A joint letter signed by Scotland’s Energy Minister, Fergus Ewing, and the Welsh Natural Resources Minister, Carl Sargeant, (warns) that “the lack of discussion from the UK Government on support for renewable energy is likely to cause disruption to community energy projects.” Of primary importance to the two Ministers is community and local energy, and how it can be better supported moving forward. “Local ownership gives communities more control over their own energy and will help us tackle challenges like grid constraints and fuel poverty – while at the same time sparking economic revival,” said Scotland’s Energy Minister, Fergus Ewing. “There are many communities who have invested significant amounts of money in renewables schemes and have now found the goal posts have been moved, putting crucial investment and jobs at risk.” “Community energy is a key priority for both our governments and we feel very strongly that those communities who have invested heavily, in time, money and commitment, in a cleaner energy future, are deserving of this consideration,” added Carl Sargeant, the Natural Resources Minister for Wales. “We both see that the future direction for energy is one of local generation and supply, based on renewable sources, and smart storage and local grid management, with significant local benefit. The current proposals will significantly damage the prospects for this future if the local ownership and benefits of projects are not considered within the support regime.”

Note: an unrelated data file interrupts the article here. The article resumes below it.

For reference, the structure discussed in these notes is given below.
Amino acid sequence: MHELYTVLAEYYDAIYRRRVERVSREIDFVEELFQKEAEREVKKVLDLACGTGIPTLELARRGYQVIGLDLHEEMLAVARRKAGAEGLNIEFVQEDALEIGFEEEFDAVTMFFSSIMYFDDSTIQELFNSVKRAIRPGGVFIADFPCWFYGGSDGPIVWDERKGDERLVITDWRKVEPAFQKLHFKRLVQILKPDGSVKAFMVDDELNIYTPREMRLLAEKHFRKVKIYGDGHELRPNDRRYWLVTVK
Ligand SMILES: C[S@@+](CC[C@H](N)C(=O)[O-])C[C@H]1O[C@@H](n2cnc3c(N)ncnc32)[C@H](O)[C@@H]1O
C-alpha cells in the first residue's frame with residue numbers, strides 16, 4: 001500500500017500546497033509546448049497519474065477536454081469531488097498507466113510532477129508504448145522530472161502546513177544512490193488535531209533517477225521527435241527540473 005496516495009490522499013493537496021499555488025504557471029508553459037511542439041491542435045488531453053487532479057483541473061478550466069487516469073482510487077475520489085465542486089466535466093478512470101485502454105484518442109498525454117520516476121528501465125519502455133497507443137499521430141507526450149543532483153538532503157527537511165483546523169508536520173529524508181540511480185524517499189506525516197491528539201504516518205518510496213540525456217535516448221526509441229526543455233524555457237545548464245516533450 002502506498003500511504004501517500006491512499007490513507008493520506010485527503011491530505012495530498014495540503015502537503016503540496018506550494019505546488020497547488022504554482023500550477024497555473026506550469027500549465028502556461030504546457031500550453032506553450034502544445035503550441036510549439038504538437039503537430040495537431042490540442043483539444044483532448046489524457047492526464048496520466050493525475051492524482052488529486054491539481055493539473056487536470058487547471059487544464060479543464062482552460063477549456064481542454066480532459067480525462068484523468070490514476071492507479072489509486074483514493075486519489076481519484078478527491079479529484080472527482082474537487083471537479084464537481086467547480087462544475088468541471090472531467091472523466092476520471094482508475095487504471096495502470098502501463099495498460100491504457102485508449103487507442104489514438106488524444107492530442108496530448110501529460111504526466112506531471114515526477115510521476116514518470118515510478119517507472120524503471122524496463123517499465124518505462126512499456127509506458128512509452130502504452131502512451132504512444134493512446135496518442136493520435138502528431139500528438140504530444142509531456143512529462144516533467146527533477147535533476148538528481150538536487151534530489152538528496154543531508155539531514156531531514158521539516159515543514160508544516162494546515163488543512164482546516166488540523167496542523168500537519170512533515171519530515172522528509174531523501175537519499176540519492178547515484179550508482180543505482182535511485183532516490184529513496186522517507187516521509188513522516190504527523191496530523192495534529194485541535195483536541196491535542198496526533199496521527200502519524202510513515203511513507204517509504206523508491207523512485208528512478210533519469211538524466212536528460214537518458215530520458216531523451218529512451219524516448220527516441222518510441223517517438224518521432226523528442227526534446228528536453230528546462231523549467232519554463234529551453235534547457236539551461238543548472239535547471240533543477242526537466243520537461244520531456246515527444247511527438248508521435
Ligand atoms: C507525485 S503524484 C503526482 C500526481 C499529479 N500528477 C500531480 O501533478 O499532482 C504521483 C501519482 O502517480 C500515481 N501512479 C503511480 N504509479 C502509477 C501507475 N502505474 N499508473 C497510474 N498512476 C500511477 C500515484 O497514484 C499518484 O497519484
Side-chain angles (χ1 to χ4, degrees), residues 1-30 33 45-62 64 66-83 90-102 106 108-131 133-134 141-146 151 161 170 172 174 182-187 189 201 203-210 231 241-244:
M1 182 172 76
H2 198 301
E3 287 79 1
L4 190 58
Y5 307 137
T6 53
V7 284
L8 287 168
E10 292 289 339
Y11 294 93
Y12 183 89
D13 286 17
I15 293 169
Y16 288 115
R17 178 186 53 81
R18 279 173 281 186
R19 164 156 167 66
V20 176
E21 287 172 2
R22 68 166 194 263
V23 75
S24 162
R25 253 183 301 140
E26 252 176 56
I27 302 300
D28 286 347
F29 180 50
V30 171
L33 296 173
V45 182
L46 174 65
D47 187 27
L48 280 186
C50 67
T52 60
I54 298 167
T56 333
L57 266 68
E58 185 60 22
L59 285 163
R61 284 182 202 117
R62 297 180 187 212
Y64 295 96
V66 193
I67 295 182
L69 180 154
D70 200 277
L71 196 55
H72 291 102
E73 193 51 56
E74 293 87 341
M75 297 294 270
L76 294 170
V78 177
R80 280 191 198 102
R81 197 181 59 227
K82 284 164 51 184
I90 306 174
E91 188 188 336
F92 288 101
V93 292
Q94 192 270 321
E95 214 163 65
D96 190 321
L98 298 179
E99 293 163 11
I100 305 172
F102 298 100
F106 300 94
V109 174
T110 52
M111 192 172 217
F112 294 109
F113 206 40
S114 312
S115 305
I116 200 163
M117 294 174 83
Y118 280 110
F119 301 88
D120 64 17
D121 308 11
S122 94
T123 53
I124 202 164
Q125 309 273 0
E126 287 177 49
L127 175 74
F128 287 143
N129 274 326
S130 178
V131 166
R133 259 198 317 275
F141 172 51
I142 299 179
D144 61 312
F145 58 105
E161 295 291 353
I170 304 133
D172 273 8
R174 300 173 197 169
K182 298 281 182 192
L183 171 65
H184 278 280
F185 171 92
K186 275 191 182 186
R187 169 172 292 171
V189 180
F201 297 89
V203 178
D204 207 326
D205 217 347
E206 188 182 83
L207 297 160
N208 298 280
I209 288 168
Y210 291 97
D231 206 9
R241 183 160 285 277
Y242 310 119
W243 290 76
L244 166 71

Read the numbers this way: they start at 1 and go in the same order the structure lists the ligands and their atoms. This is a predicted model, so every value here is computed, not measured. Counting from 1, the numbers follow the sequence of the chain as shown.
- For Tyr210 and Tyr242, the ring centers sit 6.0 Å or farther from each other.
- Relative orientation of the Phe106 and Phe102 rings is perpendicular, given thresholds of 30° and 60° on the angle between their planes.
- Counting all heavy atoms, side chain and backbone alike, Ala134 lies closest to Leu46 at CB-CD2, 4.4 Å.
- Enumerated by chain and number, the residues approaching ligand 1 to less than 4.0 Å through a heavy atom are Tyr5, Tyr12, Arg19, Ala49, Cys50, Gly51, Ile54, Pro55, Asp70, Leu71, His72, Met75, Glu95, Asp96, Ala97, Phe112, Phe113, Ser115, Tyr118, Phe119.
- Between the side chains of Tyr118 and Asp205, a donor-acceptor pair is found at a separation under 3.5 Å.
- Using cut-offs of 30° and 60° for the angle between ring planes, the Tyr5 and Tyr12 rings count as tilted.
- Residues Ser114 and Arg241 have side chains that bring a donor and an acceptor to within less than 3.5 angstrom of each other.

Herald Scotland: Scotland needs a supergrid